Claims(21) 1. An imaging optical system comprising an imaging lens system for forming an image of an object on a given image plane, the imaging lens system comprising a varifocal lens portion for allowing the imaging lens system as a whole to have different magnifications without changing the positional relationship between the object and the image plane, and a front lens portion arranged on the object side of the varifocal lens portion, the imaging lens system satisfying the following condition:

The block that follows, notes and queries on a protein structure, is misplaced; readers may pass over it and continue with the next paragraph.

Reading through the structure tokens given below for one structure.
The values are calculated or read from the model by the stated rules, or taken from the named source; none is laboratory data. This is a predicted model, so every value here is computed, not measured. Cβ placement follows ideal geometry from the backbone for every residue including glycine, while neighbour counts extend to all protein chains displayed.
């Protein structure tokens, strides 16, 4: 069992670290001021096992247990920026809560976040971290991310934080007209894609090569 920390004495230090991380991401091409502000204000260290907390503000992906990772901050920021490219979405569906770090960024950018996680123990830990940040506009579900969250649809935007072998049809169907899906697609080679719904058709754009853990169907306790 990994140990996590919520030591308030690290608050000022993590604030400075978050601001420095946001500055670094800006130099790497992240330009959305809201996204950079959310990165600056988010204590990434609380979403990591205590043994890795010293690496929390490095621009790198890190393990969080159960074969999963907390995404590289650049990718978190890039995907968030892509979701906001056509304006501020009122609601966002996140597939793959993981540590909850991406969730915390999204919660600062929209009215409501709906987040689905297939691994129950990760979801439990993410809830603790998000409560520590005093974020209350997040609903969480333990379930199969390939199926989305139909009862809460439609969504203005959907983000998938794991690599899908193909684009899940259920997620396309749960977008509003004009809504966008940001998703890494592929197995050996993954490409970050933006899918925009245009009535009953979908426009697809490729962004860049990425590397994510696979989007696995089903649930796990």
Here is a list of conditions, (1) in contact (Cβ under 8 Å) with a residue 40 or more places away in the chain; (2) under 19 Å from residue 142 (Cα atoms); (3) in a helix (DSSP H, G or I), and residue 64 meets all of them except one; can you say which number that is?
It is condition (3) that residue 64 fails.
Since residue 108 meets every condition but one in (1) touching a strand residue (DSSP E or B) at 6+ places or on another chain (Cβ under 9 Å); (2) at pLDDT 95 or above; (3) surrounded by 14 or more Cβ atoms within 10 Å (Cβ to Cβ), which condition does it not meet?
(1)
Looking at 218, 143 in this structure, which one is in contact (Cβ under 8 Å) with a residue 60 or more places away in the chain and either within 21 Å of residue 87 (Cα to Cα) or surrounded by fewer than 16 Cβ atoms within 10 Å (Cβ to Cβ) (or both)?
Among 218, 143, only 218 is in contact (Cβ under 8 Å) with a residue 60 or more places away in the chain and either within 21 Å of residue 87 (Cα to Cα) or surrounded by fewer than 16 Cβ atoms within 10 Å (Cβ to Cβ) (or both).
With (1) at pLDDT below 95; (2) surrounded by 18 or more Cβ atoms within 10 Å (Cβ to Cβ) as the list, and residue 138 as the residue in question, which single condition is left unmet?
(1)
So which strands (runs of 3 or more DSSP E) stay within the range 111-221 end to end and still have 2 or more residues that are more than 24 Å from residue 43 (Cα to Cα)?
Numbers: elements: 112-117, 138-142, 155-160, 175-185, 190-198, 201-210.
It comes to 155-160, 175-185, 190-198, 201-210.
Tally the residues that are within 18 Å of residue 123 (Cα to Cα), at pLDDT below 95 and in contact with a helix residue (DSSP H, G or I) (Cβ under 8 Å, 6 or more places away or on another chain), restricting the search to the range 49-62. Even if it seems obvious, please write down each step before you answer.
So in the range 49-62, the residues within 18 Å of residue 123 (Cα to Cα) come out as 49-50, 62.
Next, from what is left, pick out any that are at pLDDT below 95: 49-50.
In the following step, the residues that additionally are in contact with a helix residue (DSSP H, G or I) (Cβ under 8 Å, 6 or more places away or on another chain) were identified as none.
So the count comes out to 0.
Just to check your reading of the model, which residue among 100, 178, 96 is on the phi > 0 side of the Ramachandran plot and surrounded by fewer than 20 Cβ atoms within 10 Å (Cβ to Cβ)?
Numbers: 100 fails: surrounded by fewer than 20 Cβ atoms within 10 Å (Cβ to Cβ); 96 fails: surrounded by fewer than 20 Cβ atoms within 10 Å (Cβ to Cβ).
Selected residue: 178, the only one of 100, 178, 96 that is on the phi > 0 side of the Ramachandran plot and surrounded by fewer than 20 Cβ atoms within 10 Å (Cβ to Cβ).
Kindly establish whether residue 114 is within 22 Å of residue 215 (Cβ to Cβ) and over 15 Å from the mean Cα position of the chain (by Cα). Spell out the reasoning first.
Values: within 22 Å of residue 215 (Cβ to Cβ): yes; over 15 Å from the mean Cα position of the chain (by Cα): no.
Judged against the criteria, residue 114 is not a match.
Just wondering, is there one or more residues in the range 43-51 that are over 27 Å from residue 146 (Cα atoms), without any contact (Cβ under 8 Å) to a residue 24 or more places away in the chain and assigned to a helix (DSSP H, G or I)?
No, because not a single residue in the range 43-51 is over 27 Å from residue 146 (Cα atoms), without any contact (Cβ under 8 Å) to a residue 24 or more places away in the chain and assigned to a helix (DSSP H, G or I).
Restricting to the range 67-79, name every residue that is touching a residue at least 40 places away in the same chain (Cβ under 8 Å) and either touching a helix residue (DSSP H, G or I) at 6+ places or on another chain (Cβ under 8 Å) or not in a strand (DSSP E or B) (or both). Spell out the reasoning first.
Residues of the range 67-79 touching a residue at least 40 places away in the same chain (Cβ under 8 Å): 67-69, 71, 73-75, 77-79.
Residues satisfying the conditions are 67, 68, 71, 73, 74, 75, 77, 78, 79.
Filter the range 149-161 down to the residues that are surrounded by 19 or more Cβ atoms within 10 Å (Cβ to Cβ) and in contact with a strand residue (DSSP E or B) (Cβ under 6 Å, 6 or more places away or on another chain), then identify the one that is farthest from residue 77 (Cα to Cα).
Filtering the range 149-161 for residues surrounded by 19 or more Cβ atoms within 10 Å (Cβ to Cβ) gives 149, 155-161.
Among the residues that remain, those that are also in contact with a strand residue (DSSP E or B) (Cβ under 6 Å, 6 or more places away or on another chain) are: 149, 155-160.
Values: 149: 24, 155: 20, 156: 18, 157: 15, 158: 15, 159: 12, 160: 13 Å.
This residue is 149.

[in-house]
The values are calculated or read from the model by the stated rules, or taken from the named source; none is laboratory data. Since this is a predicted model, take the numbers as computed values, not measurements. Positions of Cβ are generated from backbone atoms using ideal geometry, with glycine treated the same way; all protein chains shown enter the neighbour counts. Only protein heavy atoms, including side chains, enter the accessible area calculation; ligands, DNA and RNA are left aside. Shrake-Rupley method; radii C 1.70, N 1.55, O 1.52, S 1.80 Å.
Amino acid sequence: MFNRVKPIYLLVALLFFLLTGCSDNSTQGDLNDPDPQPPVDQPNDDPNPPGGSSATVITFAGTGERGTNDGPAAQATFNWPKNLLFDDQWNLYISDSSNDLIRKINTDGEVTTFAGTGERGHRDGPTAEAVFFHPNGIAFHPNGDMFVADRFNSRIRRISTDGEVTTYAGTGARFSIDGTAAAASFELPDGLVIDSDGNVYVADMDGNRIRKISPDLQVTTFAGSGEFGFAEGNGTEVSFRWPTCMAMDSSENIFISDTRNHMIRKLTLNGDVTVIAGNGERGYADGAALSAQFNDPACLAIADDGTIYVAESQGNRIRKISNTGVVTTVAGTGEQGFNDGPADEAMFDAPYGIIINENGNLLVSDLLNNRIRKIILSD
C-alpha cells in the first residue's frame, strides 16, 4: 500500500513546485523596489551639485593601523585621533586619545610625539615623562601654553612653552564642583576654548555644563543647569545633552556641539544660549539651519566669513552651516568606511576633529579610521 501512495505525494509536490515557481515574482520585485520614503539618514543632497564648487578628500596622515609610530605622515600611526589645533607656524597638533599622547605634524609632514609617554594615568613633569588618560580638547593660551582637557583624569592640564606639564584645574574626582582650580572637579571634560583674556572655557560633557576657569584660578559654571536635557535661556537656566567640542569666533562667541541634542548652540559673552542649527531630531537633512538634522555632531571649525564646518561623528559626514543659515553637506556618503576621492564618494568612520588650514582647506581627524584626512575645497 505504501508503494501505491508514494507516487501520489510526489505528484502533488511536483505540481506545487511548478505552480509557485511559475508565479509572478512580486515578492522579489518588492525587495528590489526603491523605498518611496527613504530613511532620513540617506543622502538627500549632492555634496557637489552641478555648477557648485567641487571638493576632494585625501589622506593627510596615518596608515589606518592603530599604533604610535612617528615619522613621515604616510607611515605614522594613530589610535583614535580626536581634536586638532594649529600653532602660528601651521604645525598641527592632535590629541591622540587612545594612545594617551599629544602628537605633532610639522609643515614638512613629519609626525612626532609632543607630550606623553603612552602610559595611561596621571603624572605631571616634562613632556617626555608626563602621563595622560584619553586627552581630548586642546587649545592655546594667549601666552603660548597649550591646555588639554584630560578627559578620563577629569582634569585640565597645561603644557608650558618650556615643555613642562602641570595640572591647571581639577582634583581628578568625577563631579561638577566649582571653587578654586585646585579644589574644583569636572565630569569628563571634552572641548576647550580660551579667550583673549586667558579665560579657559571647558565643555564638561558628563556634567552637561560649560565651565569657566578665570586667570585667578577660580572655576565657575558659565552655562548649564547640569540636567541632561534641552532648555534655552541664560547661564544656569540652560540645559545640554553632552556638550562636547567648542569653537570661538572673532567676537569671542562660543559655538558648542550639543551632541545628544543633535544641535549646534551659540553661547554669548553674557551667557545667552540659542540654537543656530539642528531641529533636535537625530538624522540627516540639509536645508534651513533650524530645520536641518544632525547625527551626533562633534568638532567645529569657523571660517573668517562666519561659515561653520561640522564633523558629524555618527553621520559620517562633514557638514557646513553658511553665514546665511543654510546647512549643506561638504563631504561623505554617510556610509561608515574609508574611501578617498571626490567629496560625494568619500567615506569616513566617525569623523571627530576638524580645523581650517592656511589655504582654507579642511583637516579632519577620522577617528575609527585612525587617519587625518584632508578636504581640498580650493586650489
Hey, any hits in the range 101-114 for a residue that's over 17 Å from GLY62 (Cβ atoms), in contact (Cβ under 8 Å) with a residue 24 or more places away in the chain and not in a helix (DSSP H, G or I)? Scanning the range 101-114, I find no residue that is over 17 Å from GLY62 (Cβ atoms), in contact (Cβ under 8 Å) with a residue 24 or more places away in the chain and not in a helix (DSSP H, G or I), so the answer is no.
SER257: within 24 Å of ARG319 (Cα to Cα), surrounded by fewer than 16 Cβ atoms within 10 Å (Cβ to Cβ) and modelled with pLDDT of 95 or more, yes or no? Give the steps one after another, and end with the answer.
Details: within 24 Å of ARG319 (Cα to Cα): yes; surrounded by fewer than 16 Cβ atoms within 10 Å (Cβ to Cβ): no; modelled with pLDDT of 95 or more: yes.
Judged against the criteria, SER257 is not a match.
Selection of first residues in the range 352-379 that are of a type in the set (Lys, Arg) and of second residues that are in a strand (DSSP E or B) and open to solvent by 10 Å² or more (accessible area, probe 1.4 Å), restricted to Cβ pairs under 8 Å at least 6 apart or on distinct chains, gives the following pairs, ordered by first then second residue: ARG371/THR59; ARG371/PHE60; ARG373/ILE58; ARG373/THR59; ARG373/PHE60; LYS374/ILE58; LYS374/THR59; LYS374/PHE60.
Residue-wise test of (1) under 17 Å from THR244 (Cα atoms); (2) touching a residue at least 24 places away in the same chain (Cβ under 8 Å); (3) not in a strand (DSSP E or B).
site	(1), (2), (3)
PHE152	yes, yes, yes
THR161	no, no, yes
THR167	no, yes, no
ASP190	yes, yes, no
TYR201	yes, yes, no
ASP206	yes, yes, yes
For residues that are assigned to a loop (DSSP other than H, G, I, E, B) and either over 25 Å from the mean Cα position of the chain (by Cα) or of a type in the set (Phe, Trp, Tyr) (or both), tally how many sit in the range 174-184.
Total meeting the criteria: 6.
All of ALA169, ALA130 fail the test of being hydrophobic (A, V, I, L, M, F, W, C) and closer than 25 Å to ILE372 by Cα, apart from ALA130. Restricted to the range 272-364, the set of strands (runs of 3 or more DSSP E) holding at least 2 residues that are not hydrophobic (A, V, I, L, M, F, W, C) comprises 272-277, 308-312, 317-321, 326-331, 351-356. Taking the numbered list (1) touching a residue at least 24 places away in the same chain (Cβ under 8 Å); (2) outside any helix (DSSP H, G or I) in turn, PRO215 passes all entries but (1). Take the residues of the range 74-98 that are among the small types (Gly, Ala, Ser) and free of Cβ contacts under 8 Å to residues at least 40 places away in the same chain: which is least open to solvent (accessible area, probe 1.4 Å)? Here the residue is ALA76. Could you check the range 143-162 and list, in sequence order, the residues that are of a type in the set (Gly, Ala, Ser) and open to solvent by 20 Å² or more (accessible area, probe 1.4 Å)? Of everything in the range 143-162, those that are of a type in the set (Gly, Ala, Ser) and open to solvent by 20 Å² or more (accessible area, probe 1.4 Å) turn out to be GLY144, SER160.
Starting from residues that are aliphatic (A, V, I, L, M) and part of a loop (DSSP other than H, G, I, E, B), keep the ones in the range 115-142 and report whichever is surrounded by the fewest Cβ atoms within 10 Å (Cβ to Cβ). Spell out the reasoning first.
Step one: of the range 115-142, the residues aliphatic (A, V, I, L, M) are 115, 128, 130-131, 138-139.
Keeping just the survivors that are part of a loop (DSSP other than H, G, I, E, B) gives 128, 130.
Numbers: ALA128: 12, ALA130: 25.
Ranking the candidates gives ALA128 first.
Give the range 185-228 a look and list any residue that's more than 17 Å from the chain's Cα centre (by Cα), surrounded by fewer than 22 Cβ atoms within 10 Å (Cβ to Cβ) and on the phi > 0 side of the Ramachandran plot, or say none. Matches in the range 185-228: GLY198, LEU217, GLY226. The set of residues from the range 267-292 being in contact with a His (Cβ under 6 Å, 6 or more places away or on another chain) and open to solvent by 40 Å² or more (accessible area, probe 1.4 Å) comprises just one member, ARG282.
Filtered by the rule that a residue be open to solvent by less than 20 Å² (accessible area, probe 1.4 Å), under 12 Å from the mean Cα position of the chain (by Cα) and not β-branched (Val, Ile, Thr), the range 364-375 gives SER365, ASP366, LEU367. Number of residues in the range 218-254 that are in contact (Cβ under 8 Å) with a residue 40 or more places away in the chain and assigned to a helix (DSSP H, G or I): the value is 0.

|φ where Z is the ratio of the maximum value to the minimum value of the magnification of the imaging lens system; SA31 is the third-order coefficient of spherical aberration of the front lens portion; |φ _{3T} | is the sum of the third-order coefficients of spherical aberration of the respective lens surfaces of the imaging lens system in the state of the maximum magnification; and |φ_{3W} | is the sum of the third-order coefficients of spherical aberration of the respective lens surfaces of the imaging lens system in the state of the minimum magnification.2. An imaging optical system comprising an imaging lens system for forming an image of an object on a given image plane, the imaging lens system comprising a varifocal lens portion for allowing the imaging lens system as a whole to have different magnifications without changing the positional relationship between the object and the image plane, and a front lens portion arranged on the object side of the varifocal lens portion, the imaging lens system satisfying the following condition: